You are in charge of the life you want to live. If you’re in a bad mood you are the one who can change that, no one else. Don’t ruin your day or someone else’s because you had a rough morning. Get over yourself.
Giving someone at least one honest compliment per day, about something other than their weight if possible. (Even if someone lost weight, it’s much better to say “You look great!” rather than comment directly on the pounds, because that often comes with a lot of baggage.)
Not obsessing over the stupid/embarrassing thing you said two years ago to keep you from sleeping or make you freak out in the shower. (My technique with this one is to actually say the thing out loud, laugh at myself, and force myself to think about something else.)
Calling, texting, emailing, or in some way acknowledging your parents and find out what they’re up to today/let them know that you love them.
Writing down a list — ideally on a dry erase board or something, where you can see it every day — of the things you need to do. And actually going through this list, one by one, and checking them off. I promise, it feels almost better than sex to see the whole thing crossed out.
Telling a friend you love them, or you’re thinking about them, or you hope they’re doing well.
Saying “thank you” when someone does something little-but-kind throughout your day. When someone compliments, helps you grab something, or lets you go first, they didn’t have to do that, and making sure to thank them will make them want to do it more.
Putting more fruits and vegetables on your plate, and eating those first before treating yourself to the less-healthy things. Making the choice to eat better is often very simple, and only involves being more smart about what you put in front of you
.Answering your text messages right away (even if they stress you out), because you know how you feel when someone leaves you hanging. Also, you have a tendency to say “I’ll get to this later” and then forget about it completely, and that’s just rude.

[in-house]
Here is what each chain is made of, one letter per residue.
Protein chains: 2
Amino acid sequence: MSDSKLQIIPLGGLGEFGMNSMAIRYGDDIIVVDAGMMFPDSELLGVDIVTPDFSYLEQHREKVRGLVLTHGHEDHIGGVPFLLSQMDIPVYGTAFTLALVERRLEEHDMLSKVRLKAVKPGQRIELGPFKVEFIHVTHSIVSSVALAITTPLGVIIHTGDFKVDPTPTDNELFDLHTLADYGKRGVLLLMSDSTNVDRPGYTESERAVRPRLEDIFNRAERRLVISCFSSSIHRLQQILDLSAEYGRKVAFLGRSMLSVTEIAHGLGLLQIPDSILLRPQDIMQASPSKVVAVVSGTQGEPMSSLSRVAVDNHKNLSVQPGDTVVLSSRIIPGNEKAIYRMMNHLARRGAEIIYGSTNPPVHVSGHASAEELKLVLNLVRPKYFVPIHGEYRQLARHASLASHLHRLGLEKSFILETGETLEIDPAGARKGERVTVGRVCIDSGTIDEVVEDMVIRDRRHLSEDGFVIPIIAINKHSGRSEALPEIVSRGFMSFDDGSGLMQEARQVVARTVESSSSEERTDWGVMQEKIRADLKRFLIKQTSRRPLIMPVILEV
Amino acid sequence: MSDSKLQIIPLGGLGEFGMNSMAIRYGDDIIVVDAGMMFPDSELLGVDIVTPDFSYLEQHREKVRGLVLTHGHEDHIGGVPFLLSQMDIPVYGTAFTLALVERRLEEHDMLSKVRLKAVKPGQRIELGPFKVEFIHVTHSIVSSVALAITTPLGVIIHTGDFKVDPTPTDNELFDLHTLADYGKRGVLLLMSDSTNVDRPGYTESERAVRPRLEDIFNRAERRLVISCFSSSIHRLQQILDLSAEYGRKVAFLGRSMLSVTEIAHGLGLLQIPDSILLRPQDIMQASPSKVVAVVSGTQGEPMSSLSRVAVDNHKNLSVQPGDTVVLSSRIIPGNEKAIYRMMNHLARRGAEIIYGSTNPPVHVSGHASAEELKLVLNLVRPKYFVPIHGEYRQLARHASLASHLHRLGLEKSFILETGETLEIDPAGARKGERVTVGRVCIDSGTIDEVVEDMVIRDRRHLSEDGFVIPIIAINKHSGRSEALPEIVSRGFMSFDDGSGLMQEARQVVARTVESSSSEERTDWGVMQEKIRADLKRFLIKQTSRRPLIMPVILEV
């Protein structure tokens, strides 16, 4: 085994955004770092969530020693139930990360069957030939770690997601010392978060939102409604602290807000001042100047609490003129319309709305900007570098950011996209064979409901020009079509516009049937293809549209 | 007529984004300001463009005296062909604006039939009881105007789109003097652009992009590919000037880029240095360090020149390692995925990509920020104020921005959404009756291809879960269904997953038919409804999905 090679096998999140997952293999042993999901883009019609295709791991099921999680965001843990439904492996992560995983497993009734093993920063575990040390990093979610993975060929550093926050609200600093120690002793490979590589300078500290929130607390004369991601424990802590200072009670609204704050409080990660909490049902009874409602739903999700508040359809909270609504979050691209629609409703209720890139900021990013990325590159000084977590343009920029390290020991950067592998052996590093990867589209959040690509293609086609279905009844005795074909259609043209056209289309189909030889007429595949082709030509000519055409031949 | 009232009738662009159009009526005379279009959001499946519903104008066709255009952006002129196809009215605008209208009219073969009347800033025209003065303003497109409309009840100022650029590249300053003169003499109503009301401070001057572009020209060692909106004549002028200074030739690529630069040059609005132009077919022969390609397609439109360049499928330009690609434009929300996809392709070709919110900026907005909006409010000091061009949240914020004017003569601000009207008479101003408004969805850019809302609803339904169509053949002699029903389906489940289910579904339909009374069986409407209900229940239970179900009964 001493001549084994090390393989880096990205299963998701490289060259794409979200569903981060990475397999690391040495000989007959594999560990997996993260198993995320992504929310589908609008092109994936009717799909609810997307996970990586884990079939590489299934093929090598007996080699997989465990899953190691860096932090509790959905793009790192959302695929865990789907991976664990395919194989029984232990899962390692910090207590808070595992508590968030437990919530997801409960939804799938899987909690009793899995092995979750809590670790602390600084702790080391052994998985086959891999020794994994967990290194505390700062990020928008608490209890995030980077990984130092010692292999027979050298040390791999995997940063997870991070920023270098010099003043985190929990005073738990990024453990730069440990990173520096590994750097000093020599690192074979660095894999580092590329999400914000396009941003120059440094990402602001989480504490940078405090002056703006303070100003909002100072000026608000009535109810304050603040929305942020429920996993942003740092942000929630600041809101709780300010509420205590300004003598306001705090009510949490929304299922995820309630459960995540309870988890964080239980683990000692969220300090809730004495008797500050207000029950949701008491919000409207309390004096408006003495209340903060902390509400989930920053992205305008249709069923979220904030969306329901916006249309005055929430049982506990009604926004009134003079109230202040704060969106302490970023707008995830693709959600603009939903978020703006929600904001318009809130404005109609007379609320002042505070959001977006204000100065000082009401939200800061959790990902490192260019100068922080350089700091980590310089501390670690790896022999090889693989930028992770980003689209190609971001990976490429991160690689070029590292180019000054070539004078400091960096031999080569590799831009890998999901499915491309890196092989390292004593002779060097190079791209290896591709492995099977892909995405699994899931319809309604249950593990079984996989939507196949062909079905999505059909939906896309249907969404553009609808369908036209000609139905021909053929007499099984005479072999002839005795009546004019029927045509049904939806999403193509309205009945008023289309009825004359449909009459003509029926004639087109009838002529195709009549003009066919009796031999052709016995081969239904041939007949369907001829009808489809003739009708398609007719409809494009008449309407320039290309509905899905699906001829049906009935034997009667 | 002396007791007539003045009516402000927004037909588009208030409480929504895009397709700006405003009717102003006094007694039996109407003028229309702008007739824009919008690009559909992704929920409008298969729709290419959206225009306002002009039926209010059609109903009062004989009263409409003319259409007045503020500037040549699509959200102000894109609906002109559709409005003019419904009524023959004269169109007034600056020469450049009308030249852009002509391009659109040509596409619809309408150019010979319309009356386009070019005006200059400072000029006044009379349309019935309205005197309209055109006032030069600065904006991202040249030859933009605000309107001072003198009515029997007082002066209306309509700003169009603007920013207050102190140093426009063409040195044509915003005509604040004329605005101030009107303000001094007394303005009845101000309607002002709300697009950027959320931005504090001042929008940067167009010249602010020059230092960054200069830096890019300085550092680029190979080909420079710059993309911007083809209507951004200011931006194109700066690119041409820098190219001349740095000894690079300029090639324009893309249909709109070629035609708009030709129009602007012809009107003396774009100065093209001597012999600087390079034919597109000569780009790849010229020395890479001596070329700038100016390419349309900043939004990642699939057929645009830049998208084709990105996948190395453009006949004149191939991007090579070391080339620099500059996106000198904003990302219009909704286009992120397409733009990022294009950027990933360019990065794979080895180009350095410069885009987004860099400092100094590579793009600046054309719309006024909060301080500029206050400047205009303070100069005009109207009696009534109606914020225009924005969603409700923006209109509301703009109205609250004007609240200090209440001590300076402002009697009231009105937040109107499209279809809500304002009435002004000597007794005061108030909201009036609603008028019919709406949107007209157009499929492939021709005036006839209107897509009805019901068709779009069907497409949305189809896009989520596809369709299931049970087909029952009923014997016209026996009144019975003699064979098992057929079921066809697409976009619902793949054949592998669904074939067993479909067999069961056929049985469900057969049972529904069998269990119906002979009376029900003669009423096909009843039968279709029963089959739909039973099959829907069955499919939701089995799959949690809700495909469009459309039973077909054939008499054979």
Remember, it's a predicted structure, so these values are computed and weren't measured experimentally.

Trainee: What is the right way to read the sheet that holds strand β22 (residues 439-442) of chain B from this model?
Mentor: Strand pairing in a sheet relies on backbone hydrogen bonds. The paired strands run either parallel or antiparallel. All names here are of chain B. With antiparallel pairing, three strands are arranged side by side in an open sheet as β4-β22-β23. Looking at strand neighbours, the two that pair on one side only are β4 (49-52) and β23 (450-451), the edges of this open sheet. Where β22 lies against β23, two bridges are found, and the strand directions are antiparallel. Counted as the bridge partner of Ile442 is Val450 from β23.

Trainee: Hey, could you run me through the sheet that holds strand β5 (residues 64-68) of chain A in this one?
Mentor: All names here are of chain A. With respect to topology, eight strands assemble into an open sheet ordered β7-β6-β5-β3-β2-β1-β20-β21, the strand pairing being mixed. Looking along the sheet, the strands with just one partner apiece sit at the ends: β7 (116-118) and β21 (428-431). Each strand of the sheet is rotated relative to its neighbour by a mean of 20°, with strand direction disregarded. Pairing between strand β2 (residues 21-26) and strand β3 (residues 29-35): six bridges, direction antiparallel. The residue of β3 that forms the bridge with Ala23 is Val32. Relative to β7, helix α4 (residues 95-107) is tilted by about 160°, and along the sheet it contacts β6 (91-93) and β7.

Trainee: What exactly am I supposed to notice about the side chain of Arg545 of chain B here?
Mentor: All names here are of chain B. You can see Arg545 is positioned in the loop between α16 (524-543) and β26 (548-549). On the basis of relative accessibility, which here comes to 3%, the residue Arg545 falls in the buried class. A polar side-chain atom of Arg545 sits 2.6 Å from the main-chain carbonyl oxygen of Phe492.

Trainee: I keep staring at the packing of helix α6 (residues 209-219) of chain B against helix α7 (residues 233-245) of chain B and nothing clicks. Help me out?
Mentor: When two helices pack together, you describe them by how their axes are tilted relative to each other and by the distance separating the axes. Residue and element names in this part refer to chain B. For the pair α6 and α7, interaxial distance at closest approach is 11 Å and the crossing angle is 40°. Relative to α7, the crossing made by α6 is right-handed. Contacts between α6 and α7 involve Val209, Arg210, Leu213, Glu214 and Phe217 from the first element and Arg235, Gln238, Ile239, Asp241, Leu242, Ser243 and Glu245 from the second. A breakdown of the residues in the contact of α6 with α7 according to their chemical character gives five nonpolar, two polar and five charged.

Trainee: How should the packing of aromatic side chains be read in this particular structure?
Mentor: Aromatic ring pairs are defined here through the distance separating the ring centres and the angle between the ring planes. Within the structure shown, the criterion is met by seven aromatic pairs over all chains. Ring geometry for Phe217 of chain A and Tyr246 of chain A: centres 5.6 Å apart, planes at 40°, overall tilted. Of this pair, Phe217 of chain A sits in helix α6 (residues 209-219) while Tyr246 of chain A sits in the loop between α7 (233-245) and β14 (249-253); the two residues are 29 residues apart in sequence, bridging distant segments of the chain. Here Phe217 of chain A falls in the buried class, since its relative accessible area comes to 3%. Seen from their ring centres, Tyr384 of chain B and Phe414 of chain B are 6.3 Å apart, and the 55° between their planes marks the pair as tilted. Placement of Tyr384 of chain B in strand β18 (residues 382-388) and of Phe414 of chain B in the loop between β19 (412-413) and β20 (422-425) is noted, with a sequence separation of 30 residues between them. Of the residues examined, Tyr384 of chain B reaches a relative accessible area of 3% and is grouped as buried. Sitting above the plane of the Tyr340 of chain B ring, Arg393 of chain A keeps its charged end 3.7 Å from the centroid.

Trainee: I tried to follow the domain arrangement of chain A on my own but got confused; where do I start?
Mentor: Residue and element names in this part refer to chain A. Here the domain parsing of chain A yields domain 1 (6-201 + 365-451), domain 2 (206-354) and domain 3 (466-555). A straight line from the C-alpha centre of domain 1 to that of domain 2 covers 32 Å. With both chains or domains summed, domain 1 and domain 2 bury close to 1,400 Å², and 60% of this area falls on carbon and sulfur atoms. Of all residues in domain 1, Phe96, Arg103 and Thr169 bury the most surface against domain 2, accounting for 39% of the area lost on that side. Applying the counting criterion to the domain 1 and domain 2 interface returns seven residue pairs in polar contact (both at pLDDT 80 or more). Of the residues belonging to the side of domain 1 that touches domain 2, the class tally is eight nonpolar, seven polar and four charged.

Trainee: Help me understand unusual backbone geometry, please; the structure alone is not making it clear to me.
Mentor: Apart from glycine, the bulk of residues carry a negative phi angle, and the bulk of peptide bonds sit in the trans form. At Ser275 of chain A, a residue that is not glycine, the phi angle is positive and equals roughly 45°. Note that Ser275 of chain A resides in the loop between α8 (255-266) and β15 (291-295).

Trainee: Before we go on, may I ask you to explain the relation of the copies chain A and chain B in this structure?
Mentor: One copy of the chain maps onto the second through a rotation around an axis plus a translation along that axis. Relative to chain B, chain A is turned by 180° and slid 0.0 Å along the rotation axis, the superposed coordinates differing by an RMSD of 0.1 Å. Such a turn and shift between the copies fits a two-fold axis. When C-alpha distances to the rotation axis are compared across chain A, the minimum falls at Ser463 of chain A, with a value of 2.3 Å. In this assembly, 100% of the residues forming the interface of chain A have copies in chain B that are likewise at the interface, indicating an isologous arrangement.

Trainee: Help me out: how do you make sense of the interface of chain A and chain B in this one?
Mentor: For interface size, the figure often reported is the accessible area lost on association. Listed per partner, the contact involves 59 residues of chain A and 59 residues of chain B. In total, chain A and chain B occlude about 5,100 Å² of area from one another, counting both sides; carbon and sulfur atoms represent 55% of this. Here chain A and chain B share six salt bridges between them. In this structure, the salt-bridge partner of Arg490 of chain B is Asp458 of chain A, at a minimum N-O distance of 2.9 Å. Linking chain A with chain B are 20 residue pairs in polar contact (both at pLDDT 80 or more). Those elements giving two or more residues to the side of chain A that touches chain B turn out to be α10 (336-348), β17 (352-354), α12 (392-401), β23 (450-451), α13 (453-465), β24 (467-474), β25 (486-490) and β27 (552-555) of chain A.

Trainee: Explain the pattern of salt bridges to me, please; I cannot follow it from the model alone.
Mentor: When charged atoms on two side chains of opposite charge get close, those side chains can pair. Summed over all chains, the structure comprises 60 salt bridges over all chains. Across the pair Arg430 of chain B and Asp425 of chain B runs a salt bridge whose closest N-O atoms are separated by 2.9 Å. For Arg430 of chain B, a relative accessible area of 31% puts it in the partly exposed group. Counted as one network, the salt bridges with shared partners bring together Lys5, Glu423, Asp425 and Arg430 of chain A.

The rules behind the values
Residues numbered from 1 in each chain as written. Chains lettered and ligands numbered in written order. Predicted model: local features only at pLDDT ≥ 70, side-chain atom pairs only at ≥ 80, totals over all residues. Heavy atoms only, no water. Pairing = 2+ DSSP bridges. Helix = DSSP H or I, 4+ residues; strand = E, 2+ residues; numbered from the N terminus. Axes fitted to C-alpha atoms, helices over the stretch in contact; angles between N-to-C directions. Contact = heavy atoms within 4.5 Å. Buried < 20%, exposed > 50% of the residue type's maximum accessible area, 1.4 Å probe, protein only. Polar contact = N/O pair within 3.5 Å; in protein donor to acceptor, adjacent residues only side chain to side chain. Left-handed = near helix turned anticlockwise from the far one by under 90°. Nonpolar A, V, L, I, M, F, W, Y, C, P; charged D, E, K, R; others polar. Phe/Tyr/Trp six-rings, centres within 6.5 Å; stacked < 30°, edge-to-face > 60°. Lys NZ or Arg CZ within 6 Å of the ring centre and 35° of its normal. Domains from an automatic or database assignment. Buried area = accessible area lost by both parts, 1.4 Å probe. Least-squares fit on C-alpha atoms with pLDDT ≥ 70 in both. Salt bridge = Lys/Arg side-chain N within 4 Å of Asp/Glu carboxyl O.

Putting your alarm across the room so that you have to get up and go turn it off and can’t accidentally hit “off” in your sleep and never actually wake up.
Listening to music for the mood you want to be in, instead of the mood you actually are in. If you want to cheer yourself up, don’t sulk with the playlist from your angst years — put on some Disney soundtracks!
Do something for someone that you would make them smile. Hold the door open
Saying “hi” to your neighbors when you see them, and maybe even asking how their day was because, come on, you basically live together.
Preparing breakfasts, snacks, or lunches to take with you throughout the week. There’s only one way to avoid paying a lot of money to eat terribly at the last minute, and that’s by planning ahead.
Even if you’re having a bad day smile back at the toddler who is waving at your from their stroller. Kids are perfect, in that they think most people are generally good and nice, so don’t shatter that image by frowning or looking away from them.
Find the positive it every person you meet, every situation you encounter and everywhere you go. Life is too short to hold so much negativity in the way of happiness.
Remind yourself that you are not perfect, that no one is, and that it should never be your goal. The more you compare yourself to people you think are happier or more successful, the more you turn them into characters and not human beings. Every single person you pass on the street is real and has their own story. Don’t take anything at face value.
I hope everyone had a safe and happy new year! Cheers to another great year! Here’s to 2016!